Archive for the ‘KeyShot’ Category

If the past month hasn’t managed to kill my Dell Studio XPS 1645 then nothing will!  Between Rendering and Render Animations (for work and play) over the past month on weekends it been running at 100% CPU for 24 to 30 hours at a time.

It started with the Render Contest now being hosted by Deepak Gupta on his Boxer’s SolidWorks Blog.  It’s a good fun monthly contest with I urge all to enter!  (Besides I need some competition! J)

 My Entry (Contest 74)


& a few that didn’t make the grade.


Reflections on the Sand don’t work!


But I do like the partial buried look!


There was also the KeyShot Rendering Contest.   Which was won by far better entries than those that I submitted.  I think they made a great choice for the winning entry!

My Titanium and Gold (on Gold) Entry


My simple Animation of the Titanium and Gold (on Gold)

One plus of entering the KeyShot Rendering Contest was that I had a enough hours left on my trial licence to finally take the Zonda for a spin!  I really like the Window Frame light which produces great shadowing and how the Metallic paintwork changes through the rotation.   The Titanium wheels produce great reflections.  So if you concentrate on those you mightn’t notice the patches that I missed on the inner wheel wells!  

Change Quality to 1080 for better viewing

Might need to give the Dell XPS a rest now!

KeyShot 3.1 Animation

Continuing from my last post with KeyShot 3.1

 I’ve never run an Animation Rendering before so I was interested to see how and what could be achieved with KeyShot 3.1.   So I dragged out my old Chess Set (set up with one of my inglorious defeats!) to first Render.  As much as I like my Chess Sets in timber I was also interested in using Anodized Material.  (I also find that Timber grain Materials are the least realistic and are limited in choice of materials when rendering)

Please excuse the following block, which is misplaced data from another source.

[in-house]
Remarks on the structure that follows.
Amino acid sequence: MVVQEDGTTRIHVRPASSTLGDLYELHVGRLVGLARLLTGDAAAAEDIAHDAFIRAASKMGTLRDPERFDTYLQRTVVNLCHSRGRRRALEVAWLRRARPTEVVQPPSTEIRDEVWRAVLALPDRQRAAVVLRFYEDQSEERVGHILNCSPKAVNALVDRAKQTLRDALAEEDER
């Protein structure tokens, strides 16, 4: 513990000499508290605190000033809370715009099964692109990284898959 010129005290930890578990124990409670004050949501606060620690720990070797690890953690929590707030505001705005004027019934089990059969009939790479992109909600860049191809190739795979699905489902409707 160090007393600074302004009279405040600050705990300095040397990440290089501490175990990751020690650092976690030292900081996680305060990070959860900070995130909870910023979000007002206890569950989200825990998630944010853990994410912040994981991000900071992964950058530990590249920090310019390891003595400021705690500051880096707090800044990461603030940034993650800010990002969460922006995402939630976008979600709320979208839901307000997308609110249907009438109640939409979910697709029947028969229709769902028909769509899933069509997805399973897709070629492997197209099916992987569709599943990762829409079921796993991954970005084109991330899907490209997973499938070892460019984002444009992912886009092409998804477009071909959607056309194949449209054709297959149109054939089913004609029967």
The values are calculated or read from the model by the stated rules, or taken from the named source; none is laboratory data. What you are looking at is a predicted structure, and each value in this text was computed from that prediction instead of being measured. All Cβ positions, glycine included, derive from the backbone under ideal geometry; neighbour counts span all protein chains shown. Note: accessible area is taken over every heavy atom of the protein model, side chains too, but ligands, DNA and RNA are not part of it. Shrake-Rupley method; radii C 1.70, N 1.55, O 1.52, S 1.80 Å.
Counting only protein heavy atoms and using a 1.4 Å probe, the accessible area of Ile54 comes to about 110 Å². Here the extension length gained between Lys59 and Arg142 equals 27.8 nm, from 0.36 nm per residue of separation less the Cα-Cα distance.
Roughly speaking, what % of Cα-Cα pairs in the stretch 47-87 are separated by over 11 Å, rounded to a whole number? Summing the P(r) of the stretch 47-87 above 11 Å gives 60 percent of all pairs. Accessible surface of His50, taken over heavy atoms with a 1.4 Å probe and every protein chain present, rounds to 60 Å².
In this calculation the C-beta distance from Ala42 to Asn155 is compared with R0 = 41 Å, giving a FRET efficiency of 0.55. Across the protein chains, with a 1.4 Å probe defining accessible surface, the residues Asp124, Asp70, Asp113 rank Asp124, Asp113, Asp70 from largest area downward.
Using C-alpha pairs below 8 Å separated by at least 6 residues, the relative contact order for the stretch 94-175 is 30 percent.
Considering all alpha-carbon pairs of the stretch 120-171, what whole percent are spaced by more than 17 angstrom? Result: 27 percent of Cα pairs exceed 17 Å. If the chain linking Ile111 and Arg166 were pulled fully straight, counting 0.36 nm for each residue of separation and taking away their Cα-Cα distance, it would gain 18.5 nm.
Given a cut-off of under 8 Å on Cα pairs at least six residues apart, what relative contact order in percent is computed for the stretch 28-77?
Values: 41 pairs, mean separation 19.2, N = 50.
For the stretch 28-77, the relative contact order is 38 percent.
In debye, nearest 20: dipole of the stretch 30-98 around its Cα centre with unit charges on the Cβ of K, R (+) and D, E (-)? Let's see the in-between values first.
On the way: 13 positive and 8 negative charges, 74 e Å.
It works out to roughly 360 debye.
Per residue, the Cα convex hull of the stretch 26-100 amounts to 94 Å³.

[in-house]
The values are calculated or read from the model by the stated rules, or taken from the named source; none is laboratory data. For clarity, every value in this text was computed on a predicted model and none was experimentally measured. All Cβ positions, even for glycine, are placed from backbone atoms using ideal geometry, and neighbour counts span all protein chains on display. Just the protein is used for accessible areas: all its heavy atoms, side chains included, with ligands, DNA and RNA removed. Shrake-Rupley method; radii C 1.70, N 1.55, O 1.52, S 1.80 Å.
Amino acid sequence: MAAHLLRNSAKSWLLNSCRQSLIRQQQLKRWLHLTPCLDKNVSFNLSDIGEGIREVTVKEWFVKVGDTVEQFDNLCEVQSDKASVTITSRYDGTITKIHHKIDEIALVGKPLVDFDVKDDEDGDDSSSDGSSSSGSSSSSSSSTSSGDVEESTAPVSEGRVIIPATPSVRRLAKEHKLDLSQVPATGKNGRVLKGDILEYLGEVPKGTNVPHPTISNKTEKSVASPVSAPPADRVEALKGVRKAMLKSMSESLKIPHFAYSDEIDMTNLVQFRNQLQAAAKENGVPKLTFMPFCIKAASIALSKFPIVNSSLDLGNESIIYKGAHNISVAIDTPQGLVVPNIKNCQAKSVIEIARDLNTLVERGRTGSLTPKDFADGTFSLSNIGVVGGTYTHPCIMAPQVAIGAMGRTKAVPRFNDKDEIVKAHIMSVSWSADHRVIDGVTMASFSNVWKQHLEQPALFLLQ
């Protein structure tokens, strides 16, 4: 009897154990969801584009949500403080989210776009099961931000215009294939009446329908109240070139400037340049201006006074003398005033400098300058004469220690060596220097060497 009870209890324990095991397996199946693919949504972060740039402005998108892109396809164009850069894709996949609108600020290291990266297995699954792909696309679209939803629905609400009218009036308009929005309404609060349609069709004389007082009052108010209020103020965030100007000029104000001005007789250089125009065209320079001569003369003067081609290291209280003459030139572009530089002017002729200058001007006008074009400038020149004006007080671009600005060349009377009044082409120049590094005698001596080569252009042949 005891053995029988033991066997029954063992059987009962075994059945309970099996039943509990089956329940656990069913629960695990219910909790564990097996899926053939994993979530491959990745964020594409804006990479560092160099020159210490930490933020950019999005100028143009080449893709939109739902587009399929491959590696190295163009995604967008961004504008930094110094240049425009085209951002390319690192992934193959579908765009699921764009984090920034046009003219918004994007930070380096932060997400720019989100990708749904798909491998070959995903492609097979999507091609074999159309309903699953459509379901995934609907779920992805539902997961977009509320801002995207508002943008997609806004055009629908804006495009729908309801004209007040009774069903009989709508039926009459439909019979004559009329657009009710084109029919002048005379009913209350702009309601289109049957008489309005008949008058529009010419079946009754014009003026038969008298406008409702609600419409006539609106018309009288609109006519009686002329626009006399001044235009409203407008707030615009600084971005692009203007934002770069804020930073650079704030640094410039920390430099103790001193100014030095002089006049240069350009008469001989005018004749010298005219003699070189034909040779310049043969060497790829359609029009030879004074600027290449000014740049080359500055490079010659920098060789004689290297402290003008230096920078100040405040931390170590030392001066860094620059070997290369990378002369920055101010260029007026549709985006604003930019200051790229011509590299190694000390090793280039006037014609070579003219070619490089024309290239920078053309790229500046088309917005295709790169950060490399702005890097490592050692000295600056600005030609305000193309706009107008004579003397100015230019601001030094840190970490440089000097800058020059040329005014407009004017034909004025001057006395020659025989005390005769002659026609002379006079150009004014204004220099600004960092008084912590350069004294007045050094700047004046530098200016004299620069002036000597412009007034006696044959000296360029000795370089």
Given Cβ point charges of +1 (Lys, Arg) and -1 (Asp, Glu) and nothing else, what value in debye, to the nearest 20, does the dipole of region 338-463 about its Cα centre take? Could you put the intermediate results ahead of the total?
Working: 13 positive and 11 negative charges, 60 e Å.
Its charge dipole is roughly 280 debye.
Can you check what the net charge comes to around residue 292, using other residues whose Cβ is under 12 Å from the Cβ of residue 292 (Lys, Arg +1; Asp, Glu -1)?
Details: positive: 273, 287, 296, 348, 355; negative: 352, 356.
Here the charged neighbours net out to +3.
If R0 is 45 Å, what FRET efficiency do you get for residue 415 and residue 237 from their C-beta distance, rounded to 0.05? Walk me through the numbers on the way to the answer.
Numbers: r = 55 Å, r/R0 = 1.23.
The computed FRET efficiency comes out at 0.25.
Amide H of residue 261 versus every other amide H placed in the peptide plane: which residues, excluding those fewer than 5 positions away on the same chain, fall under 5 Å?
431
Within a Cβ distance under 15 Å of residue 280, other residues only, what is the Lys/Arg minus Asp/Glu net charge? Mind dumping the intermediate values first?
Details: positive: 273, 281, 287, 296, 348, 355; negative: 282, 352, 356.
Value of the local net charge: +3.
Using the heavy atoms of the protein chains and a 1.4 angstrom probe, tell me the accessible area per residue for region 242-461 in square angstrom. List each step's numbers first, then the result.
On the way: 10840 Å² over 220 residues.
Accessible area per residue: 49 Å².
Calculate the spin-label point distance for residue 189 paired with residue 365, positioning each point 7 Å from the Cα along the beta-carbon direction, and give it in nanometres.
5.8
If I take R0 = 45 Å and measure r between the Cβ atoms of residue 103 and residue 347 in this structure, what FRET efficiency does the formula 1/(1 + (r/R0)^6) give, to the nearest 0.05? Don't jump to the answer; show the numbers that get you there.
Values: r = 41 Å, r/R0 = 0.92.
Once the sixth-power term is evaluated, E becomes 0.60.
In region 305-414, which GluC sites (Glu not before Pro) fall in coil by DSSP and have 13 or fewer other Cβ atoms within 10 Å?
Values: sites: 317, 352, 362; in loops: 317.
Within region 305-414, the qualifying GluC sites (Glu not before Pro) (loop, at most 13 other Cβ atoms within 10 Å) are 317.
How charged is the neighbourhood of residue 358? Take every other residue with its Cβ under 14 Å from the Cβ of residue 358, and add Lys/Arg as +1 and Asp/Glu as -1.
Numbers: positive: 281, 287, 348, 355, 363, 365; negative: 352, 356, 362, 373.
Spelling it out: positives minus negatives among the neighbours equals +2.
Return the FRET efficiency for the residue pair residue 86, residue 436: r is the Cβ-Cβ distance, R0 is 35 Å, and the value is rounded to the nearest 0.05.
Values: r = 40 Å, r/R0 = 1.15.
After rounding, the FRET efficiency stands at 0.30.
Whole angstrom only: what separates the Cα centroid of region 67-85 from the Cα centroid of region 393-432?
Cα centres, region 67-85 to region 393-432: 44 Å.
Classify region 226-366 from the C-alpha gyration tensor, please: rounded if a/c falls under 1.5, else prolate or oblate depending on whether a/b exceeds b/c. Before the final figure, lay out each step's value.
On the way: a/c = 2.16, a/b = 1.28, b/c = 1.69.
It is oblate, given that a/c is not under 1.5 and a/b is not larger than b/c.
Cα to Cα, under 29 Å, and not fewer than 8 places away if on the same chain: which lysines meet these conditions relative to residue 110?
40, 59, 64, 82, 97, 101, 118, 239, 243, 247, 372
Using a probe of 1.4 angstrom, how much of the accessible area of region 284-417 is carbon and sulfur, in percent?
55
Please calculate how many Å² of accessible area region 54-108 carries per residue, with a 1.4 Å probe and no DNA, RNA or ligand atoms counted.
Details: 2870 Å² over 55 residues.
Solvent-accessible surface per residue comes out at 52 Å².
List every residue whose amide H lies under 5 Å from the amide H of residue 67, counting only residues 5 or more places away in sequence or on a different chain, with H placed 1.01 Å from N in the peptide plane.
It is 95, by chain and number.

Using Anodized Black, Anodized Grey for both the pieces and the board, with a edging of Anodized Red I ran the following Render


To finish up with this Rendering


It was time to see how to run an Animation.  Selecting the Animation tab brought up the Animation box which allows you to select the Animation Wizard


Selecting the Animation Wizard gave you the Option of what types of animation you can run.  Either Animating the Part/ Assembly (moving the Part/ Assembly) or using a Camera Animation (moving the Camera) 


Animations Properties can then be set.  In the case of Camera Orbit, the number of degrees and in all cases the Length of Time of the Animation


So here is where it all gets interesting and we can do some maths! 

A 50 second Animation equals – 50sec x 24Frames a second = 1,200 Frames. 

1,200 Frames x 27second per render (on my computer with the render set at 1280 x 719 at 300dpi) = 32,400 seconds

32,400 seconds divided by 60 = 540 minutes

540 minutes divided by 60  =   9 hours

So I Set the Animation, watched a little television and got some sleep! Woke in the morning to find a simple but impressive animation! The following are my first few Animations using KeyShot 3.1 Animation Wizard.

Adjust Setting to 720HD for Better Viewing

Camera Animation – Orbit

Camera Animation – Zoom

Camera Animation – Inclination

These were my first Render Animations!   KeyShot 3.1 proved to be a simple and easy to use program that produces high quality Animations!